Estimating greatness not by the usual standards of judgment, John Tallach retells the story of five lives: a German missionary in England who gave his life to the orphans of Bristol’s slums; a Canadian girl who served the Lisu of China and died of cancer in 1957, recommending ‘a peerless Master’; a rough Cornishman who came to ‘say, sing and dance glory, glory’, and left an unforgettable testimony to cheerful Christianity; a Yale undergraduate who lived to ‘arrest the flow of Indian souls rushing on to a lost eternity’; and, finally, a Scot who wandered the earth before he came to love Christ and the poor of Dundee more than he loved all else.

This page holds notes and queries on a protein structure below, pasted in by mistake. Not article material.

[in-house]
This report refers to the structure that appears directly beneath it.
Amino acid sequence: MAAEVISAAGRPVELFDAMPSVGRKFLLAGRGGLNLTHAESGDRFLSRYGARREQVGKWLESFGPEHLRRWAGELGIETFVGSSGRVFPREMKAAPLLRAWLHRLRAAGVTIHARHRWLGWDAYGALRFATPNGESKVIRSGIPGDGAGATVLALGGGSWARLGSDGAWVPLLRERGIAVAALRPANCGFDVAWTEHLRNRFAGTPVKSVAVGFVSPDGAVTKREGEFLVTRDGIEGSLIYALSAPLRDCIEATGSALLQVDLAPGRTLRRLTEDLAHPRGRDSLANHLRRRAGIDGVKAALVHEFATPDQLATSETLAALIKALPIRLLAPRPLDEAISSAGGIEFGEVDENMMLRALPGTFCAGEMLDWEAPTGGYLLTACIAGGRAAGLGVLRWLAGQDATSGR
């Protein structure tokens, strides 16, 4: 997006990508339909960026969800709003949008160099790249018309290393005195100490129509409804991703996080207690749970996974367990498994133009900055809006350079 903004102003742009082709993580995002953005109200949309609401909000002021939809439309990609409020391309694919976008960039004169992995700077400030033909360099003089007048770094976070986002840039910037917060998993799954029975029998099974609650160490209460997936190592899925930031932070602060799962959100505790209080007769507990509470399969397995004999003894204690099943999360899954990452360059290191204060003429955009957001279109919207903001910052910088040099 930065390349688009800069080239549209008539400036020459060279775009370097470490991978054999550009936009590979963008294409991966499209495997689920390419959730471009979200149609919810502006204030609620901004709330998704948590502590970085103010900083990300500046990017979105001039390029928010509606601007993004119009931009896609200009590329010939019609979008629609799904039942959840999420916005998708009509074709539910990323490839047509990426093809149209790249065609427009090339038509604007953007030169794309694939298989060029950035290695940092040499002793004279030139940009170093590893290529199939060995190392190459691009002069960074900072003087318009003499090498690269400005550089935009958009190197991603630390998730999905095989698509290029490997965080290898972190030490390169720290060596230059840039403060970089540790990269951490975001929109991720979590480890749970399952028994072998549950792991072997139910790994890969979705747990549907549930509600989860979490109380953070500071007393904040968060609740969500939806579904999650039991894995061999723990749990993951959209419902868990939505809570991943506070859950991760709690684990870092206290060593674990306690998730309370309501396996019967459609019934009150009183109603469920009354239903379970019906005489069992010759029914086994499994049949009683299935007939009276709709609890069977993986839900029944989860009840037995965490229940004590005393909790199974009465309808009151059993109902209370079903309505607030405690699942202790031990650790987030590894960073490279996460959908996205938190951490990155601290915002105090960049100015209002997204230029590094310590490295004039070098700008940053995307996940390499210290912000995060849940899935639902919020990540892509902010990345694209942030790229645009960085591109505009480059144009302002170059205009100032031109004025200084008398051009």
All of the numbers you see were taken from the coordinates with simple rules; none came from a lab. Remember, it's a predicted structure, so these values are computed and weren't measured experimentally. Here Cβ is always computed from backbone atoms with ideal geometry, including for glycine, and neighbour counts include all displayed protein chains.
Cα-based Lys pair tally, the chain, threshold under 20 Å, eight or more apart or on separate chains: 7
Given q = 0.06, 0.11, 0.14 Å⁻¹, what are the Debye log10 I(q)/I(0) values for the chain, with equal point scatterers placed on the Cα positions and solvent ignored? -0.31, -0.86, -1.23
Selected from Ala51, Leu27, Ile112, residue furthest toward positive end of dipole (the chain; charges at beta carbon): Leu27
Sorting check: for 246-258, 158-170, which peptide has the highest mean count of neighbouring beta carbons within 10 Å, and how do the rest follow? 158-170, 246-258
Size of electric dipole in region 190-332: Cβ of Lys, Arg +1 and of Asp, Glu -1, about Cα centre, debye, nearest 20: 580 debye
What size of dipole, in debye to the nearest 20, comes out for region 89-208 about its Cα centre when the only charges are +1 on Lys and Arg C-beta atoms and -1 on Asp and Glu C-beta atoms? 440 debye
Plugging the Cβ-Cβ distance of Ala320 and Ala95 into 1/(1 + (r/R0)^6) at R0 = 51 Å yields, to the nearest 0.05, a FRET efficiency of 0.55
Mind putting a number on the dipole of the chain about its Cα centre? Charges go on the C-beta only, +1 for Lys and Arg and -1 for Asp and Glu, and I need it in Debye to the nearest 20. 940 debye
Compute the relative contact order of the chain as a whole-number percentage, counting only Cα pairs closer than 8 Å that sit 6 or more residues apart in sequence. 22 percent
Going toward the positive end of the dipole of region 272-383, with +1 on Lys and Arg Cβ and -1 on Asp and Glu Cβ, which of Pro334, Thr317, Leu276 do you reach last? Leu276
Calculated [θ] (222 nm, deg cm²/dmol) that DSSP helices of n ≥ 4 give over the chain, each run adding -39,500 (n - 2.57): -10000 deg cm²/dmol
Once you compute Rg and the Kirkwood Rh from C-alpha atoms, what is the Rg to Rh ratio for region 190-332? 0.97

These Christians are unrecorded in the world’s annals of fame, but if the true principle of living Christianity is simple dependence upon God, and child-like faith, then their lives are eminent among those ‘of whom the world is not worthy’. Living in different countries and at different times, they each became ‘like little children’, and God made them great.
While writing with youth particularly in view, the interest of his presentation will hold the attention of all ages.
- 114 pages